Today’s lesson starts with a story (you can probably relate to it).
Often when I meet new people, they ask me what I do (normal, right?).
Sometimes this is kind of a difficult question to answer. If I’m not in the mood to go into a lot of detail, I just say, “I have my own company helping people learn English.”
Then often the next question is, “What did you study?”
I studied International Relations, and although the RealLife Community is composed of learners from every part of the world, what I learned at university hardly applies to what I do now.
Why am I telling you this?
Just the other day someone asked me if I use what I learned in college now, and why I did not pursue a job related to this field (I actually get asked this a lot ? ).
And it made me think about this topic of International Relations.
What are International Relations?
What my degree was composed of could be summarized as a combination of the following:
- Political Science
- Economics and Law
- Foreign Language
International Relations (IR) is an interdisciplinary major (meaning you study many different topics). However, it boils down to [is summarized by] studying how different international States interact. That is, the relationship between the governments of different countries.
But what this question got me thinking, and why it is important for you, is that while the above definition may have been useful in the last century, I believe that it does not honor what IR could be in a modern, connected world.
Just think about what the Internet does…
The Internet allows us to connect with people and information from almost anywhere… something that was impossible without expensive plane tickets just a couple decades ago.
The Internet is like a preview of our world without borders. And in a world without borders, by definition, there are no International Relations. Unless…
Unless we update the definition of IR!
International Relations should not be a study of the relationships between different countries’ governments.
International Relations SHOULD be a study of the relationships between different countries’ PEOPLE!!
This becomes clearer when we take a second to break down exactly what International Relations means.
The prefix INTER- means between or among.
A NATION is, “A large body of people united by common descent, history, culture, or language, inhabiting a particular state or territory.” This last part about territory is not always true as there are many stateless nations.
NOTE: Nation is NOT the same as a country. A country (or state) is a territory with a sovereign governmental body (for example, Canada or Spain). A nation usually refers to a group of people, who may or may not have a sovereign government (for example, Québécois or Catalans).
A RELATION is, “How two or more people are connected.”
So, when we break down International Relations, it is:
The connections between different groups of PEOPLE (who have common history, culture, etc.).
Where in this etymology is there anything about relationships between governments???
Well, I sent out this text first as a newsletter to the RealLife Community (if you are not subscribed yet, and want to receive VIP lessons, just click here). And a couple of you helped me clarify this:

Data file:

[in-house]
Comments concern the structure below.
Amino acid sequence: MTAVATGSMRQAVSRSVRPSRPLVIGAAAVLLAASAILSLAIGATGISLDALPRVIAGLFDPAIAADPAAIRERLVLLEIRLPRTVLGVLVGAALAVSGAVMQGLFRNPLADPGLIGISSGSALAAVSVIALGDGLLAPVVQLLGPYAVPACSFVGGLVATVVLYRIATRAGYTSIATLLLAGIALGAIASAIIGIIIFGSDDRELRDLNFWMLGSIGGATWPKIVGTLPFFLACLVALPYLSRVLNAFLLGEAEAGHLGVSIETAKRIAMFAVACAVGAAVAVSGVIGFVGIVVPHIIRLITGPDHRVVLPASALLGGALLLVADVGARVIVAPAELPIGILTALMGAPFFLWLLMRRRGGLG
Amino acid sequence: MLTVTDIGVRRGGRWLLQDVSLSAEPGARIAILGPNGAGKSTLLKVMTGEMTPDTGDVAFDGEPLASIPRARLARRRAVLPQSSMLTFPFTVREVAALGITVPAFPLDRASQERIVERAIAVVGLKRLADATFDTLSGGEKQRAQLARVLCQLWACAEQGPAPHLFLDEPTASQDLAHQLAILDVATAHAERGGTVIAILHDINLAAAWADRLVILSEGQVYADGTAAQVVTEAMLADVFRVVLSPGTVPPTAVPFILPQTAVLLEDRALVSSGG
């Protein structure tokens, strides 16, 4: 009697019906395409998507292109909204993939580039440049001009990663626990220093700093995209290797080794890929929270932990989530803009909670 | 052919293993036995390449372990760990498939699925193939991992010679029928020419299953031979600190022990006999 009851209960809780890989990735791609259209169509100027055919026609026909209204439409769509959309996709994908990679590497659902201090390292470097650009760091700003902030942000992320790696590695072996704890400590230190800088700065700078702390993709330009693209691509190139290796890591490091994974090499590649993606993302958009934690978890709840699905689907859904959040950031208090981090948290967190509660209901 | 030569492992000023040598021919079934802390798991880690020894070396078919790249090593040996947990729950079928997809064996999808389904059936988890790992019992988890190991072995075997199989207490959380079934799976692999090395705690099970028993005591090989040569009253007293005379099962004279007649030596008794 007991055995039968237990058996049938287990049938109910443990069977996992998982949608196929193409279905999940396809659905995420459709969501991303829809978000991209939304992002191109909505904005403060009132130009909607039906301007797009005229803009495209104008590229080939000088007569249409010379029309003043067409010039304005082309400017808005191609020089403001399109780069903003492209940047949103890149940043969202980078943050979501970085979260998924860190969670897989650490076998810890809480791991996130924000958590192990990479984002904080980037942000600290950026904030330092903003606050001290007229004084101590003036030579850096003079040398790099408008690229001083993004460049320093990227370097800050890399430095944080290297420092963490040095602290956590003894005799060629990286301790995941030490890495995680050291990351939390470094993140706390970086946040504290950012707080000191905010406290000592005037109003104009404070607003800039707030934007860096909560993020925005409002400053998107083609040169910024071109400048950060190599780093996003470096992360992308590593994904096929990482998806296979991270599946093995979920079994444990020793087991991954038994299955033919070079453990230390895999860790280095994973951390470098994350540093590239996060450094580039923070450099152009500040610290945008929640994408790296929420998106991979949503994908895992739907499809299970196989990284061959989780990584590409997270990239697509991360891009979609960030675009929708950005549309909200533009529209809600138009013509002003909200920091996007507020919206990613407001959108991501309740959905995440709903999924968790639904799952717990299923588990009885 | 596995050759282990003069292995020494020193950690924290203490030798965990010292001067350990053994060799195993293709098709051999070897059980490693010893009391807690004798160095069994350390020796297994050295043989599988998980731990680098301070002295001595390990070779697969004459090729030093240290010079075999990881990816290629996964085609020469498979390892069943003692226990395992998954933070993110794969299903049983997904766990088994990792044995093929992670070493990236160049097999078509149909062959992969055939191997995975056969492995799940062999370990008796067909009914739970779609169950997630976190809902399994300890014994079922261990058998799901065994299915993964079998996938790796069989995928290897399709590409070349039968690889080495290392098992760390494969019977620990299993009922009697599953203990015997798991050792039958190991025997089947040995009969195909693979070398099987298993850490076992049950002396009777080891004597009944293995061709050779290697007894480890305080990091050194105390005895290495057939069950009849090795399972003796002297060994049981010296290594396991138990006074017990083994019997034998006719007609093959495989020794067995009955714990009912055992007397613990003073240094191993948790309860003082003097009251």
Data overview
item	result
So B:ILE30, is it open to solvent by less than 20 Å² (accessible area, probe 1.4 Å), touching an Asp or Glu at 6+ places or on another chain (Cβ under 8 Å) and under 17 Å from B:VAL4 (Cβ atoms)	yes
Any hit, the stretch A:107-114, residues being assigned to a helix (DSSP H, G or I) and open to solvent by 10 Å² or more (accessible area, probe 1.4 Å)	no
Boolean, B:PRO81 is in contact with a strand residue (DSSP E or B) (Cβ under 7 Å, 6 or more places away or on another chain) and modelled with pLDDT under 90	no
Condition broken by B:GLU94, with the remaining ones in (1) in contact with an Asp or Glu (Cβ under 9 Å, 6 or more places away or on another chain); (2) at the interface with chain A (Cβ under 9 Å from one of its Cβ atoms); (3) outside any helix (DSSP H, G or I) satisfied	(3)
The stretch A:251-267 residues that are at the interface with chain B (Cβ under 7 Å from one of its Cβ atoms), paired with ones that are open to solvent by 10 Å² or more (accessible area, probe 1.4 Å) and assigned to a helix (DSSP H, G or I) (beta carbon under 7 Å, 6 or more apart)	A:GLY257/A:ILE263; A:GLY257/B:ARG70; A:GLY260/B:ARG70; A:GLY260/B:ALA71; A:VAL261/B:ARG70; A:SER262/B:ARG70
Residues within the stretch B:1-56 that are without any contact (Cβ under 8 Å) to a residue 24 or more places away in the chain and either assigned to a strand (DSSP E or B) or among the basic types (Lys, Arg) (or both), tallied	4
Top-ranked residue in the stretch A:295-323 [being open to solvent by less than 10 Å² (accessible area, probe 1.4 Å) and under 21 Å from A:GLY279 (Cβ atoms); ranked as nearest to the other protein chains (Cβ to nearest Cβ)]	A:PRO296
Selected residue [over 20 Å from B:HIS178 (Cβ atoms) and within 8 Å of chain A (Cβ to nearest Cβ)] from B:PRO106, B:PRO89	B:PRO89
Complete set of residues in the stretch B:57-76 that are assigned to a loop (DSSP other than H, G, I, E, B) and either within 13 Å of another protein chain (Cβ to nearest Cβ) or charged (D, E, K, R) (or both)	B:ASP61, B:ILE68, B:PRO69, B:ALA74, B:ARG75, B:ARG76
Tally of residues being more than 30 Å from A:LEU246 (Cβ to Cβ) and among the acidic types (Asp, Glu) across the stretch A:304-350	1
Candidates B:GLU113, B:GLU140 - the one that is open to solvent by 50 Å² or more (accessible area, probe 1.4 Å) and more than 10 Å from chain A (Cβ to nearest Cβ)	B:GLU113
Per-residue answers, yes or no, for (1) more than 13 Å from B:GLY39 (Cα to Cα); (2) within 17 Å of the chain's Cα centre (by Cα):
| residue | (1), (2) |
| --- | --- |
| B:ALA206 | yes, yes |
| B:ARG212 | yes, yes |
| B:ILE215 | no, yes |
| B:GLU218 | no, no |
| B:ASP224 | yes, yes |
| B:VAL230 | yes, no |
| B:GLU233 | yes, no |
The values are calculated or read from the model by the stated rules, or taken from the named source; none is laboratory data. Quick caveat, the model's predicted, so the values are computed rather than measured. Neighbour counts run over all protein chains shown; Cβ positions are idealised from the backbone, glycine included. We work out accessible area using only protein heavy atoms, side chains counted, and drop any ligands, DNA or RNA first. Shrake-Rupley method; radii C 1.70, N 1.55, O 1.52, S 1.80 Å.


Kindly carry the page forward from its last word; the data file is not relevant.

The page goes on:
Governments are made of people, and (are supposed to) represent the people of their nation/country. However, although there are some wonderful politicians, as we probably have all experienced, the interests of the government often does not reflect the interest of the people it represents.
That is why IR needs to go much deeper, beyond the relationships between governments, and look at the relationships between nations–between people!
Governments are constantly changing. People and cultures live on.
My new definition of IR would include:
- Language Studies – in a globalized world, it’s crucial that everyone is bilingual, even native English speakers. This is also important to deeply understand the next two…
- Cultural studies – becoming competent at understanding other cultures and world views and why they are that way. From personal experience, I know it’s much easier to understand culture when you speak it’s language.
- Empathy – how can we have relationships with other countries if we are not completely open to listening and understanding, before judging them (stereotyping)? I can think of at least a few politicians that could use a lesson in empathy ;).
That’s my list, but I want to hear from YOU!
What do you think? What would your new definition of IR include? Comment below!
Just to give you an example, I really loved this new definition that a RealLifer from Portugal sent me:
I’ve been thinking about what international relations are and I agree with you. The most common definitions are really focused on governments, foreign policy…but we are always talking about people and the relationships between them, I mean governments are made of people…I’d like to say something about empathy. I think there is a barrier that everyone should try to overcome and that is the way that some people look at the world! I think it’s very important to look at the world as a common place although we are “separated” by distance, language, beliefs, culture in general, we can come closer together if we look at our differences as an opportunity to understand the world from different perspectives!
So I guess international relations should be a field of study that focus on seeing the world from a global perspective that transcend boundaries, of course, knowing that there are differences between countries, an international relations professional should be able to understand those differences, facilitate and build better relationships between them.
That’s it for today’s lesson. Remember to comment below, and we would love it if you would JOIN OUR MOVEMENT: